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Tri-colored fusilli pasta with sundried tomato and olive pesto

  • Type: Main Course
  • Difficulty: Low
  • Time: 20'
  • Serves: 4
Tri-colored fusilli pasta with sundried tomato and olive pesto
At this time of the year, Greek villagers take advantage of Greece’s brilliant sunlight and hot, dry climate to dry out their homemade pasta. Most popular are the egg noodles, rolled out and cut by hand, but there are a number of small local workshops that produce other shapes and flavors of pasta as well. They take the regular pasta dough and enrich it with the addition of vegetable purees such as carrot, spinach, tomato and even beetroot to add both color and flavor. This recipe calls for a piquant pesto of sundried tomatoes, olives and herbs to be mixed with our pasta, which is made in the mountainous Lakonia, at the local workshop of Panagiotis and Stavroula.

Main ingredient


Region Of Origin

Lakonia, Peloponnese


  • 500 gr tri-colored fusilli pasta
  • 250 gr sundried tomatoes in oil
  • 1-2 garlic cloves
  • 100 gr black olives, pitted
  • A few basil leaves
  • Pepper
  • ½ cup grated kefalotiri or mizithra (hard cheese)


  1. Boil pasta in ample water with salt for about 8 minutes until al dente and drain putting aside about ½ cup liquid. Place in a large mixing bowl and add 2 tablespoons of olive oil. Mix well and set aside.
  2. To make pesto, place remaining ingredients, except grated cheese, in the blender and pulse until mixture is just blended (not smooth). Add cheese and blend.
  3. Add pesto to fusilli and toss until pesto is incorporated well. Slowly add just enough of the saved pasta liquid until the mixture is rather wet, but not watery.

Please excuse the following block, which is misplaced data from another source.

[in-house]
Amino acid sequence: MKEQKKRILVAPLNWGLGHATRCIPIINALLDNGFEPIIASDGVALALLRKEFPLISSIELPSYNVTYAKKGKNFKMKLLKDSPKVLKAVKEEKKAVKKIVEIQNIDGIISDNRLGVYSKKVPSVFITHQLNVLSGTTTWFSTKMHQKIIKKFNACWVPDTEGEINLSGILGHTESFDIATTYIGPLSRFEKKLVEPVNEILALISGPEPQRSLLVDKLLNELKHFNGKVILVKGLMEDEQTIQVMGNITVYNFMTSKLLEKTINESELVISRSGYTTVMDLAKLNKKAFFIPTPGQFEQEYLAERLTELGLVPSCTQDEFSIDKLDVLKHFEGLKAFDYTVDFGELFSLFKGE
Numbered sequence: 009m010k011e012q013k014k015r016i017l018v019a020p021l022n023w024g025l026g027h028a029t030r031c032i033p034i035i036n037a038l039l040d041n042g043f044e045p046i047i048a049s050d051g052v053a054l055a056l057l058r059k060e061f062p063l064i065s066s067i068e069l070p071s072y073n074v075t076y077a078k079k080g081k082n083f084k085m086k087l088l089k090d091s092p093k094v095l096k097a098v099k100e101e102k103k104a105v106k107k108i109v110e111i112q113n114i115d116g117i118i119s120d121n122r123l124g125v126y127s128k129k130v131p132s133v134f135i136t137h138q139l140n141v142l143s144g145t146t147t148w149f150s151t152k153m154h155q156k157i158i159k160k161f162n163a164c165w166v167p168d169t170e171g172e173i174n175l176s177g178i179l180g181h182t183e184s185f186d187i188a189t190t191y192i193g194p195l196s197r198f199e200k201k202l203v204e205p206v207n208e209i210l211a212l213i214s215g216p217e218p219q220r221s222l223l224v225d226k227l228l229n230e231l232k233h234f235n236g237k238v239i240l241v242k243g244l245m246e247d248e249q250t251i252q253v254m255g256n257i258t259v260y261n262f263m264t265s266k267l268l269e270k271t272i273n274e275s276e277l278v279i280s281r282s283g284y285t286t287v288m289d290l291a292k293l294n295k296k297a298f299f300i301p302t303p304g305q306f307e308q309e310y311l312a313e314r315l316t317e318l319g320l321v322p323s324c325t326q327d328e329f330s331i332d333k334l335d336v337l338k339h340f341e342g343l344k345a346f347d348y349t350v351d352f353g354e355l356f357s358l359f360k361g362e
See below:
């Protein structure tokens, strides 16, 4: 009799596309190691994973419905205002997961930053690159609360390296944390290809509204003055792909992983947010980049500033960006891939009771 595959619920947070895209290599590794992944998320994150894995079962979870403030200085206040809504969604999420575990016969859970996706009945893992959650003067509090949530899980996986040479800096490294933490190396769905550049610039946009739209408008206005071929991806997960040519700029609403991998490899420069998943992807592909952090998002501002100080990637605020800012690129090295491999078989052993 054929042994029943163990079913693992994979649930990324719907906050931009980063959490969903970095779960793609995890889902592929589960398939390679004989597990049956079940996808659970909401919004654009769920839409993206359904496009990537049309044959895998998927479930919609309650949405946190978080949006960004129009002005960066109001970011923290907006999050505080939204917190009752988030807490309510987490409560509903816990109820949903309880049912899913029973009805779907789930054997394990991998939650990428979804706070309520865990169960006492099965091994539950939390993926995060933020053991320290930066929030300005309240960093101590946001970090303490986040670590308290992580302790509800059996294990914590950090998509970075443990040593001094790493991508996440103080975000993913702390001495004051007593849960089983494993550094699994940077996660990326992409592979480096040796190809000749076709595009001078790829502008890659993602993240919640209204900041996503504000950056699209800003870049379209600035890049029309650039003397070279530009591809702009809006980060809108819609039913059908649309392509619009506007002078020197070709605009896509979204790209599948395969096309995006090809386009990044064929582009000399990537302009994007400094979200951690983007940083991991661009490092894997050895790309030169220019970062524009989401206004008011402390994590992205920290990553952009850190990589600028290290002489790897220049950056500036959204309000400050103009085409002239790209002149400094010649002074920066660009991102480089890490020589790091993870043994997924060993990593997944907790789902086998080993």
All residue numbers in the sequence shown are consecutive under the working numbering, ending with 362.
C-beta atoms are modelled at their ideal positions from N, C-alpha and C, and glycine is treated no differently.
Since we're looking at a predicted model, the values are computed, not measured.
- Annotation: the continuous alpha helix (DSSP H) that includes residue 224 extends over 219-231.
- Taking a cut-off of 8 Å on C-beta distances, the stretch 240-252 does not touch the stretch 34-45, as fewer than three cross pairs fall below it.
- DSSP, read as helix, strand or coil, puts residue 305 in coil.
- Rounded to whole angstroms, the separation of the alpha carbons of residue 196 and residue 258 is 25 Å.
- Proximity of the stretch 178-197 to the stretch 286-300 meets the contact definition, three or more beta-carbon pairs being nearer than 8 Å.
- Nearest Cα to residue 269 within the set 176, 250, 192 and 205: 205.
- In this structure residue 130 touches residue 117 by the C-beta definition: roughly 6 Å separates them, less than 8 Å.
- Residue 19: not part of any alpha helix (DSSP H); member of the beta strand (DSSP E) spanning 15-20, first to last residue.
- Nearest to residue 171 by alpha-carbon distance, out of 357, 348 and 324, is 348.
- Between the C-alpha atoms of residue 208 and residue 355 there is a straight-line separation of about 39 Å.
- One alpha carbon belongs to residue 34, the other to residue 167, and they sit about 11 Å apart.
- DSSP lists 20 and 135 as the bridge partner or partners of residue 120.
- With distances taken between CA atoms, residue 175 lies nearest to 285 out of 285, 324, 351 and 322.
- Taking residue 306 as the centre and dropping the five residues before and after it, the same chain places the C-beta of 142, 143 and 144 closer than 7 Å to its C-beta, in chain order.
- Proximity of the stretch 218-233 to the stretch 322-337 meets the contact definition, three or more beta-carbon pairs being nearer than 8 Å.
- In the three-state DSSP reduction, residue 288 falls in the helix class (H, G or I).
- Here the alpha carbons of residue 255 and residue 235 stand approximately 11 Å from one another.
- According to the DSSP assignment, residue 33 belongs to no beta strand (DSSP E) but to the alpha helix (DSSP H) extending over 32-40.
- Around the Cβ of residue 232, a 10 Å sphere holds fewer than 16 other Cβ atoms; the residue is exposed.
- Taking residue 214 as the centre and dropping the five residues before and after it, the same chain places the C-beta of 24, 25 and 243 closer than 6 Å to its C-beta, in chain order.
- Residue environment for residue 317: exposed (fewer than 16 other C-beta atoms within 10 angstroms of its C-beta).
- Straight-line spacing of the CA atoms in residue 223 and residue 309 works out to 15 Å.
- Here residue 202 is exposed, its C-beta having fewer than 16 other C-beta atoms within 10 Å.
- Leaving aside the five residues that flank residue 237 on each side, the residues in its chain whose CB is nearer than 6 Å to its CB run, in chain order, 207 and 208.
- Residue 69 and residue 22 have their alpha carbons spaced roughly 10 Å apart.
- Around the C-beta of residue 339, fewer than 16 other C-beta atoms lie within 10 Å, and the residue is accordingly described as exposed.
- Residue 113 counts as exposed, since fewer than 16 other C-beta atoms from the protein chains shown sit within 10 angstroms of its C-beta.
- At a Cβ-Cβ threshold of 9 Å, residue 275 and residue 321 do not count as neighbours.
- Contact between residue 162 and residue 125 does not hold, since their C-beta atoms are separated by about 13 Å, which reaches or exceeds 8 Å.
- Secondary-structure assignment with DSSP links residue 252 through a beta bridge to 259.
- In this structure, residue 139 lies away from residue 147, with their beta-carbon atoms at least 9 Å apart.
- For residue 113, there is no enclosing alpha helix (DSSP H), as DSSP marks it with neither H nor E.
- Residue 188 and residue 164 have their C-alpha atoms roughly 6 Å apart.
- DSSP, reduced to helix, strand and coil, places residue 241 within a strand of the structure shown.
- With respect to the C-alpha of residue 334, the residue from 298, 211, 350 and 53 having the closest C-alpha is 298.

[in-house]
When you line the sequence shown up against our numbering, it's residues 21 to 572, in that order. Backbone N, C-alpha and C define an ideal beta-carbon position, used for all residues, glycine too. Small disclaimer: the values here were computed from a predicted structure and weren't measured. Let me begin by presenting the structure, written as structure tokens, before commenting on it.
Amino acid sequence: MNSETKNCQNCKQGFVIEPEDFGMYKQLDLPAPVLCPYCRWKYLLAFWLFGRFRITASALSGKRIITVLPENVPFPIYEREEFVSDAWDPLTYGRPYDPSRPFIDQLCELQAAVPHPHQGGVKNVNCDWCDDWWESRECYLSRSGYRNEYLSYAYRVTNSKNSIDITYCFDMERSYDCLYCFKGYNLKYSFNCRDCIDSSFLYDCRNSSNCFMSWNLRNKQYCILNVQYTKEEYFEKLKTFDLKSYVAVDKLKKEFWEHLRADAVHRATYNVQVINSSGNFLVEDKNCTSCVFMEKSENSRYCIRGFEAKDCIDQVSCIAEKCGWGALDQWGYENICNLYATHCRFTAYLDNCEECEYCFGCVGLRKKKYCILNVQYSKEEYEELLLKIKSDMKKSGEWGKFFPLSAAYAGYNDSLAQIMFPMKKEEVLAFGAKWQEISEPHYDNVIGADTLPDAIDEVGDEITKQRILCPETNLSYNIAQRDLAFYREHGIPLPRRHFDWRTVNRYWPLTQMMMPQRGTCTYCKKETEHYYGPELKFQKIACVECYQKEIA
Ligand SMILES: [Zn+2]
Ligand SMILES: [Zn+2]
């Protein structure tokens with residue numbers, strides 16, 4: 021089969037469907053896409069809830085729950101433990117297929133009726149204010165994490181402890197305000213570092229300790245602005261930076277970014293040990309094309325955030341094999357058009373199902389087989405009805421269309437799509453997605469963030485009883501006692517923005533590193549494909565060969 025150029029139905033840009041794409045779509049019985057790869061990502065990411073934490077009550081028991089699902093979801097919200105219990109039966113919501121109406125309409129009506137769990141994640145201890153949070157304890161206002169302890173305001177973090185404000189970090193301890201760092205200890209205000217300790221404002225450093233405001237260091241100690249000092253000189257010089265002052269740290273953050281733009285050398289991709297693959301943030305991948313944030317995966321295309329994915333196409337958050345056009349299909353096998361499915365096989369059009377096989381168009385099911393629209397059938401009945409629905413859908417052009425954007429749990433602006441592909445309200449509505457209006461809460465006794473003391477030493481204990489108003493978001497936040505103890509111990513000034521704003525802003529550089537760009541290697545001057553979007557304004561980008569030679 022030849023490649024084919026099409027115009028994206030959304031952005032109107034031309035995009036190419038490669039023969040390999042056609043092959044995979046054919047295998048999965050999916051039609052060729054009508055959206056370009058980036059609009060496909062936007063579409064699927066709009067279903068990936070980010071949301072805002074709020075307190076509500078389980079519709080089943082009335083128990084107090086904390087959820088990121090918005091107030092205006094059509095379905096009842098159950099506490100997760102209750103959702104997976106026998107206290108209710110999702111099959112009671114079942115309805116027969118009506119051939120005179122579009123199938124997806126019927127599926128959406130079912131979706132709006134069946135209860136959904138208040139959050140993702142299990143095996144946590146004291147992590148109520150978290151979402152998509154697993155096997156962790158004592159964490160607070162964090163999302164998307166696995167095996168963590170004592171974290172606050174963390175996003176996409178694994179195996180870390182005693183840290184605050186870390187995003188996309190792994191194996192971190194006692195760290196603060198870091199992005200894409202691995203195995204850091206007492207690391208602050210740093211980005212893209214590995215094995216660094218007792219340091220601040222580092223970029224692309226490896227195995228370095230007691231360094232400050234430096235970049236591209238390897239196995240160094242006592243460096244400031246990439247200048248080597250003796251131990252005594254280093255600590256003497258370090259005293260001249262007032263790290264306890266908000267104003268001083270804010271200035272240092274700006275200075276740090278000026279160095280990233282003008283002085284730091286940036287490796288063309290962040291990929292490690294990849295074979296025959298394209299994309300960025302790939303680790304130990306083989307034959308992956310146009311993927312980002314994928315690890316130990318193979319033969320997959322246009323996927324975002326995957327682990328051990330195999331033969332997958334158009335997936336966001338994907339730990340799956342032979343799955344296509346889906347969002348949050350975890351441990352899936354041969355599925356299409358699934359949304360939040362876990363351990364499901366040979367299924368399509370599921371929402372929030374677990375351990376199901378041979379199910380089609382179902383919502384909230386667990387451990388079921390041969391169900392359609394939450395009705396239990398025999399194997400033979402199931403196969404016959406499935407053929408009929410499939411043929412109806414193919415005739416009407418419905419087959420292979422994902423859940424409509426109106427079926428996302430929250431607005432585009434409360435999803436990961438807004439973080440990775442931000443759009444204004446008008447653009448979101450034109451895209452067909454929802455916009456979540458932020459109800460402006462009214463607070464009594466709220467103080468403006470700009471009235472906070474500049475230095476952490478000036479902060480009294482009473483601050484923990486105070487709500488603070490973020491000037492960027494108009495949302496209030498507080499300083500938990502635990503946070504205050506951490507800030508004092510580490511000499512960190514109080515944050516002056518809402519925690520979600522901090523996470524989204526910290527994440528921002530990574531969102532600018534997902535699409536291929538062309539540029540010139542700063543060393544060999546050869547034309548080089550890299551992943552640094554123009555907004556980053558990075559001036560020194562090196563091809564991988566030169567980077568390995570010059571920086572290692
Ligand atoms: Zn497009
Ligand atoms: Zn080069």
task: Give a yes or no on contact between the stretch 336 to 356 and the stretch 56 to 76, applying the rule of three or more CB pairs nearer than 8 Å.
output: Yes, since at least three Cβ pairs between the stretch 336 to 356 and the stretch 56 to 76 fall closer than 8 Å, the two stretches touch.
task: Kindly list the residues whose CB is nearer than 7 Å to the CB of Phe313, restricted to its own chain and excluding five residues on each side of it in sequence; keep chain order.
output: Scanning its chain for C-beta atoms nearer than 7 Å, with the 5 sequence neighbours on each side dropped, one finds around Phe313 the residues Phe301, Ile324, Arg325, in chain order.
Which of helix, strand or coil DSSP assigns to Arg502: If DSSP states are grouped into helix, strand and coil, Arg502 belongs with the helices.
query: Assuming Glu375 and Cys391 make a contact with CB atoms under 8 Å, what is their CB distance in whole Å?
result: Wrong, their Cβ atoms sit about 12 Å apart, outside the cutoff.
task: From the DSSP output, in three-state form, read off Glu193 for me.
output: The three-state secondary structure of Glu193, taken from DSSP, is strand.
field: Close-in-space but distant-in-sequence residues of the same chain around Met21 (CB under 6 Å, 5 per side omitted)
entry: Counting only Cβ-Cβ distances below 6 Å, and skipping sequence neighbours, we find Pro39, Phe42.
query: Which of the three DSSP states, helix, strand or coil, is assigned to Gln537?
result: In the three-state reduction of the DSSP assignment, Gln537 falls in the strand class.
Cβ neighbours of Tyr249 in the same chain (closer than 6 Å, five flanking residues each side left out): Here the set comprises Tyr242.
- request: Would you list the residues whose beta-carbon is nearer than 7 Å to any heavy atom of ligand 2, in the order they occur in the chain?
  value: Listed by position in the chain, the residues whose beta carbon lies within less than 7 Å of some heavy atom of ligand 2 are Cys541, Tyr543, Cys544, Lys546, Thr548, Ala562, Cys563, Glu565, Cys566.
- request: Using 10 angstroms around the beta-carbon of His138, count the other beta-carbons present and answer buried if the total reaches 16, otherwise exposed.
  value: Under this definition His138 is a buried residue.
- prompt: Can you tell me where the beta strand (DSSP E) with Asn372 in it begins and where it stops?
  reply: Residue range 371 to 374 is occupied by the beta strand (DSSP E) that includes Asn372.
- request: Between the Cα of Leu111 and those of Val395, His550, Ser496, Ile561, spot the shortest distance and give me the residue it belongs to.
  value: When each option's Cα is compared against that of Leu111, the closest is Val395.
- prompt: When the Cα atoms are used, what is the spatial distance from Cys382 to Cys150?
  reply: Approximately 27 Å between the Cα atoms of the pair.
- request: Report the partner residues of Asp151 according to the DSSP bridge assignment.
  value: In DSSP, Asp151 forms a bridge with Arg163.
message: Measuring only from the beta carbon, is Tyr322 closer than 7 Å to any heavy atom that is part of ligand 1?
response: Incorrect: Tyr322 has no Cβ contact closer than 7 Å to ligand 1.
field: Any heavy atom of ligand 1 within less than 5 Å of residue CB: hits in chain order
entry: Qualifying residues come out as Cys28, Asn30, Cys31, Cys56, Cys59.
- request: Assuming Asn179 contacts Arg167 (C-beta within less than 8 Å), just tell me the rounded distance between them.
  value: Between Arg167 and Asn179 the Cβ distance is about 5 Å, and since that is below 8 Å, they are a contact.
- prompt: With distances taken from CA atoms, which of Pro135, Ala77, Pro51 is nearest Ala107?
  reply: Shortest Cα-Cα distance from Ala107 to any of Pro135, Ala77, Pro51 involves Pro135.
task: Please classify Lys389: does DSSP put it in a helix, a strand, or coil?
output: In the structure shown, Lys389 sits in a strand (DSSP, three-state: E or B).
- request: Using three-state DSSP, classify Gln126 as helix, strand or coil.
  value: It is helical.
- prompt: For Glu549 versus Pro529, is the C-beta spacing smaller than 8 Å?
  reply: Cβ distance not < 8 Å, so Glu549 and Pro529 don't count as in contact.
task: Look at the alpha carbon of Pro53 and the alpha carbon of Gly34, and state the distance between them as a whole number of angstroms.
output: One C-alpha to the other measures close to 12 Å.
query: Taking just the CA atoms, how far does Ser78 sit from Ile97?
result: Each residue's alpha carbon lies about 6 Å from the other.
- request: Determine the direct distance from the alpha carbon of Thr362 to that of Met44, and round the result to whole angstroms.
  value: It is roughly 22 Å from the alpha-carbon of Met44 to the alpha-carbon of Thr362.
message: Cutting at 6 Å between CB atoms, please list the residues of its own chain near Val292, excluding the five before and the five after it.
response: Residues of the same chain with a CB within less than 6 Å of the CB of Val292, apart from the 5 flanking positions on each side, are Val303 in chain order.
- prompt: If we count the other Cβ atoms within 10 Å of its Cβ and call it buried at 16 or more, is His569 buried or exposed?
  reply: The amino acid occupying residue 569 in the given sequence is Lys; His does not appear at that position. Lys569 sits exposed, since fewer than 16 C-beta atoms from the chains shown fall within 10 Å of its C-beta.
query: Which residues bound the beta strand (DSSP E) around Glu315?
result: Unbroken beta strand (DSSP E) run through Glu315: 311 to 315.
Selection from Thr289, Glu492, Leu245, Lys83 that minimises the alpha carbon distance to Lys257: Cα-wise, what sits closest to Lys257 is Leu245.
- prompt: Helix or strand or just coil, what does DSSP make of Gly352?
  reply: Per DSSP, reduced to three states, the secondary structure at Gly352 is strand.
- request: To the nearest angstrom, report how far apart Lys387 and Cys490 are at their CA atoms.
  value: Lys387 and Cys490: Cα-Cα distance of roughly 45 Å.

4. Serve pasta accompanied by a refreshing summer salad.

The Chef

From the kitchen of Georgia Kofinas, Food writer and Culinary Arts instructor; Head of Mediterranean Cuisine at Alpine Center.

The opinion of the Nutritionist

Pasta is an excellent, light choice for starch, which, in combination with protein-rich addition (cheese, tuna, shrimps, mince meat) gives a full meal. Pasta, if cooked medium (al dente), are a source of low glycaemic index and thus are not a particularly burdensome for weight and blood glucose levels. The sundried tomatoes are a rich source of antioxidant ingredients, while olives are a valuable source of monounsaturated fatty acids. The only addition that requires attention in the recipe is cheese, whose choice depends on how we want to burden or lighten the dish. A kefalotyri is suggested, which is a fat-rich cheese for pasta, or myzithra, which varies in fat and addressed to individuals wishing a more “light” cheese.

Charis Dimosthenopoulos, MMedSci.SRD
Head of Nutrition Dept, Laiko Hospital of Athens
Ελληνικά (GR)English (UK)